Beijing was pitting VW against Toyota and GM to get a better deal for China.
In contrast, Malaysia decided that it was a fair deal to block out foreign competition for Mitsubishi (and now Geely) and Daihatsu to profit from Malaysia uncontested.
Whatever few cards the Chinese government had, they played it very well. Which brings us to another point about Chinese government officials.
It’s not about market size or technology, it’s about humans
The Chinese civil service model is quite different from the West. Instead, the Chinese civil works like a private company (ironic given it’s a communist background), where civil servants are graded based on their performance on economic growth of their region, job creation, and more recently, air quality – before they can be promoted (and sometimes, demoted).
One cannot be appointed into a ministerial position until one has proven himself / herself at say, a mayor level.
Over in Malaysia, the position of a minister and chairman of GLCs are awarded based political patronage, not their qualifications. Remember Prasarana's gaffe?
Consider the architect of China’s latest national automotive policy, Wan Gang, who until 2018, served as China’s Minister of Science and Technology. He is often credited as the person who made China the world’s capital for EV technology.
Prior to working for the government, Wan was Tongji University’s professor of automotive engineering. He holds a doctorate from Germany’s Technical University of Clausthal, and before that, he was an engineer for Audi AG, serving as program manager for the B5-generation Audi A4.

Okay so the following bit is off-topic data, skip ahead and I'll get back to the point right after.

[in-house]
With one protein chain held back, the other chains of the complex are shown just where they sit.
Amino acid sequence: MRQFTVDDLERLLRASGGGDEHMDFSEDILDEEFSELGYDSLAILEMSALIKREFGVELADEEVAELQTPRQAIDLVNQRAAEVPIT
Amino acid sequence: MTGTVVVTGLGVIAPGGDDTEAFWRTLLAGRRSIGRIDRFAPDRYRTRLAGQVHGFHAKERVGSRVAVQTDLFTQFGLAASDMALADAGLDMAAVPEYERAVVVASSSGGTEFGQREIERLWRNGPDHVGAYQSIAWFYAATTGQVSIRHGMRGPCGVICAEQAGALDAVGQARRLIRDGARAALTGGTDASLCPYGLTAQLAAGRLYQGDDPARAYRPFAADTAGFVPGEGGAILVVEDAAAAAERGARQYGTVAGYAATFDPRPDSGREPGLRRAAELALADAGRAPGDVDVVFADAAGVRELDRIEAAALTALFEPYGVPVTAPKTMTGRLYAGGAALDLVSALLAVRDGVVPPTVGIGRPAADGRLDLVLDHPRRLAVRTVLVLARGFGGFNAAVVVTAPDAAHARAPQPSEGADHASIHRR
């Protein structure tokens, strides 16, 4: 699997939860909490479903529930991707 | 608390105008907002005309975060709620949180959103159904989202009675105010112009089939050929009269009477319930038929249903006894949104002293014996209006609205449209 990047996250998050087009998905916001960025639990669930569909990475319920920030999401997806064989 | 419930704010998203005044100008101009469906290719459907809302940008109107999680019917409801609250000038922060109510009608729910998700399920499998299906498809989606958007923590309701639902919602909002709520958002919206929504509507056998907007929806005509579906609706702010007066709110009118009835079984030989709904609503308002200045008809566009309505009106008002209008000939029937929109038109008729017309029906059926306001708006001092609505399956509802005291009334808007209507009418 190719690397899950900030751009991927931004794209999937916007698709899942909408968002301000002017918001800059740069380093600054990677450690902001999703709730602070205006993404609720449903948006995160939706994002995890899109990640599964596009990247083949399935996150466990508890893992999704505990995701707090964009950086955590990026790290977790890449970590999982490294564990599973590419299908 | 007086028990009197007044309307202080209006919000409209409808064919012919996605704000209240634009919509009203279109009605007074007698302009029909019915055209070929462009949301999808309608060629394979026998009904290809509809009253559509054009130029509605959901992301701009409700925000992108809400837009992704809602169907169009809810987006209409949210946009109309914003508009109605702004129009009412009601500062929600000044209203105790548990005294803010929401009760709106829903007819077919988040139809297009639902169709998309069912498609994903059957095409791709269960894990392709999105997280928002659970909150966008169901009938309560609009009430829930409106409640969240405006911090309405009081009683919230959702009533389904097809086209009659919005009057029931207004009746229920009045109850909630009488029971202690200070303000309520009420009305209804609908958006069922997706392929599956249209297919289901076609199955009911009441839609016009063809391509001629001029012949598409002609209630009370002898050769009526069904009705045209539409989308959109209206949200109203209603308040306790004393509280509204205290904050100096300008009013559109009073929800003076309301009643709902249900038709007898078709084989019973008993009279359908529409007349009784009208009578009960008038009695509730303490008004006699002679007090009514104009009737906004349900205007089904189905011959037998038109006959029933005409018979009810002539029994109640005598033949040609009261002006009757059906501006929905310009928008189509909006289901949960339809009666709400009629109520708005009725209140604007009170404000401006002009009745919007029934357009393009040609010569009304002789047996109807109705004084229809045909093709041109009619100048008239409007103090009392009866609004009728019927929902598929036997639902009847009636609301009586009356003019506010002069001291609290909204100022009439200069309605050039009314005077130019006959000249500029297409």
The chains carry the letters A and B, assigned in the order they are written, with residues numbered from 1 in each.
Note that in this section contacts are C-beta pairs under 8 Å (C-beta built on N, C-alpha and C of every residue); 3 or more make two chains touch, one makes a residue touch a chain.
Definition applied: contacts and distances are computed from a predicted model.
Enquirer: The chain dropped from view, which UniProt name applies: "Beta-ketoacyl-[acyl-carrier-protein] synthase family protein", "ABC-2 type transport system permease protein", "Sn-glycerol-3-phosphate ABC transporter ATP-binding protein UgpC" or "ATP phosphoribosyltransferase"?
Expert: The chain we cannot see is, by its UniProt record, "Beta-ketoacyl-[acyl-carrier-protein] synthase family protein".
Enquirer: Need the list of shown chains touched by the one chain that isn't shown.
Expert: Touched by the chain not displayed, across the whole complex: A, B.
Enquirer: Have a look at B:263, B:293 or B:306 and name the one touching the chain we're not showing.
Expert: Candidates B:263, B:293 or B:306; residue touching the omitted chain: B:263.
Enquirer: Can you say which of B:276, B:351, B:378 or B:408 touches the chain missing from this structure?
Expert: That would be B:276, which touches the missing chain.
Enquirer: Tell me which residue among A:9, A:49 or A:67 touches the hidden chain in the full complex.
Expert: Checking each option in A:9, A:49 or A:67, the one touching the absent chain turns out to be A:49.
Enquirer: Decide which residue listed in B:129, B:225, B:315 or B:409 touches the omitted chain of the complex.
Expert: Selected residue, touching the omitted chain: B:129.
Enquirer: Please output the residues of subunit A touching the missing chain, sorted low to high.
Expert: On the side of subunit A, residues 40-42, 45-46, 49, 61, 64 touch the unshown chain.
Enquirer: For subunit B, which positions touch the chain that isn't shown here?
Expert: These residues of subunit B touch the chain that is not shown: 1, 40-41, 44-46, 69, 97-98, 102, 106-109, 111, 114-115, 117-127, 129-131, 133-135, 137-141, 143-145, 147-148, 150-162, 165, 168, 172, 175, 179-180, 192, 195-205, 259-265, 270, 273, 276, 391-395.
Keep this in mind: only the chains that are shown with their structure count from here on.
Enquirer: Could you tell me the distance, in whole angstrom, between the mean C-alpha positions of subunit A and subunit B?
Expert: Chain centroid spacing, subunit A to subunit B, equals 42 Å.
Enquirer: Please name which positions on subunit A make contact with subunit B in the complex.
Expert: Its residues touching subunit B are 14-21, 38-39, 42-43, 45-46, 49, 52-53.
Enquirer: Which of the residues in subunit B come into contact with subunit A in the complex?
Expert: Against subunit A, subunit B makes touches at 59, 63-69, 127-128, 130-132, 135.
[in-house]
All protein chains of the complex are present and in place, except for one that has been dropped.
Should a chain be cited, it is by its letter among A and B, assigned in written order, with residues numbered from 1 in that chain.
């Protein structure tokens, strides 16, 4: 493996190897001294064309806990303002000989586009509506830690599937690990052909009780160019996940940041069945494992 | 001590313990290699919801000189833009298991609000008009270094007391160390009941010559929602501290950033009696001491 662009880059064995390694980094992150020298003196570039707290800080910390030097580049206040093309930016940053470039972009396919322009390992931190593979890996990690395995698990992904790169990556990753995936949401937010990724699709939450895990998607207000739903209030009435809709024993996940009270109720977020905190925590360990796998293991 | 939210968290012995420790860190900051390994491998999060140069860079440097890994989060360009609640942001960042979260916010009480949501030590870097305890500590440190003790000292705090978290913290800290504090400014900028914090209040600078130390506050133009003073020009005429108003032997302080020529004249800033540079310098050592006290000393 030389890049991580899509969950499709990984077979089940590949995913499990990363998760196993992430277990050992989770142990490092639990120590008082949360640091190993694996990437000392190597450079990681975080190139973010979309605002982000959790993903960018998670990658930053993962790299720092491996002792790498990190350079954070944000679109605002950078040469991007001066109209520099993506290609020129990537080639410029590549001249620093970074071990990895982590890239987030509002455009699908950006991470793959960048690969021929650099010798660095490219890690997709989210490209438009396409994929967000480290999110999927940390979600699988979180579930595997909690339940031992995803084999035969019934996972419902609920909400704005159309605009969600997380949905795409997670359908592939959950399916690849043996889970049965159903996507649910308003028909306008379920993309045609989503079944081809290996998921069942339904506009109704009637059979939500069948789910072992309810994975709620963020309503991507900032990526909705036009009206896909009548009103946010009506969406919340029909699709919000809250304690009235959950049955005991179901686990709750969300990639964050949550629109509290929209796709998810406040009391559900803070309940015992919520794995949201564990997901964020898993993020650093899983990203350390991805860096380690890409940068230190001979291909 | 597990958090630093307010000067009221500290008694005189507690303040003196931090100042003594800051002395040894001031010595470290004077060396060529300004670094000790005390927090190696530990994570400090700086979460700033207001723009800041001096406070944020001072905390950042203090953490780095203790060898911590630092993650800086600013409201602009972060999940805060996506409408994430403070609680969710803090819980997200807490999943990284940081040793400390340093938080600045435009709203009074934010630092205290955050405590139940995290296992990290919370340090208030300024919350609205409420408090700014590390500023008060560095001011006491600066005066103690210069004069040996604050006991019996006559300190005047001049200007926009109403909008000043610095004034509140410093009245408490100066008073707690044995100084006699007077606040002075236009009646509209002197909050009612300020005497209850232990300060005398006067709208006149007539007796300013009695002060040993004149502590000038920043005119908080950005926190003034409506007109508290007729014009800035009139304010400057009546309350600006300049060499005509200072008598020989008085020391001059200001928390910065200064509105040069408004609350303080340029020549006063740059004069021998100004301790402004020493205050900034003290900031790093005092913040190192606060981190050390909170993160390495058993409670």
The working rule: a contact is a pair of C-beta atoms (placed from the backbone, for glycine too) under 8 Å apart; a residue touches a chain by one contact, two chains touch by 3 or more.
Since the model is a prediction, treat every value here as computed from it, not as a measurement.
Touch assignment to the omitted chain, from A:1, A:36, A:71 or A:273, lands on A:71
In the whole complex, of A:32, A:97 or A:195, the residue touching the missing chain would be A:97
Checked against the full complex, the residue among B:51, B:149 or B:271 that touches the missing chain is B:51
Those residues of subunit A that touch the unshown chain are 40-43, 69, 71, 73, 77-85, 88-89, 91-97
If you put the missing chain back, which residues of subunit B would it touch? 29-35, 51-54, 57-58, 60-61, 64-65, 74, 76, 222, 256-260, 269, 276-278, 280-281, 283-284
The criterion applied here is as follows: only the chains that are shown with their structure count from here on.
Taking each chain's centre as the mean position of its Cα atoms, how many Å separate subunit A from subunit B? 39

No permanent protection for China’s ‘national’ brands
Another element of meritocracy in China is its treatment of local car manufacturers.
Chinese manufacturers are protected from foreign competition by a 1994 rule that requires all foreigners looking to set up business in China to form joint ventures (JVs) with local manufacturers, with equity of the foreign company capped at 50 percent – it’s a way to protect local manufacturers, allowing them to quickly learn Western technology.
In 2014, China's Ministry of Industry and Information Technology warned Chinese manufacturers that after 20 years, it is time to remove all protection.
By 2018, Beijing removed the equity cap for JVs for electrified vehicle. Soon, Tesla started plans to build a plant in Shanghai - the first 100% foreign-owned car plant. Chinese EV models will now have to compete directly with Tesla.
By 2022, the equity cap will be abolished for all vehicle types.
Not only that, import taxes on CBU cars have been slashed from 25 percent to 15 percent. This is inevitable as China needs to ease trade war tensions with USA and Europe.
Turning the attention back to Malaysia, is Proton and Perodua stronger than when it started?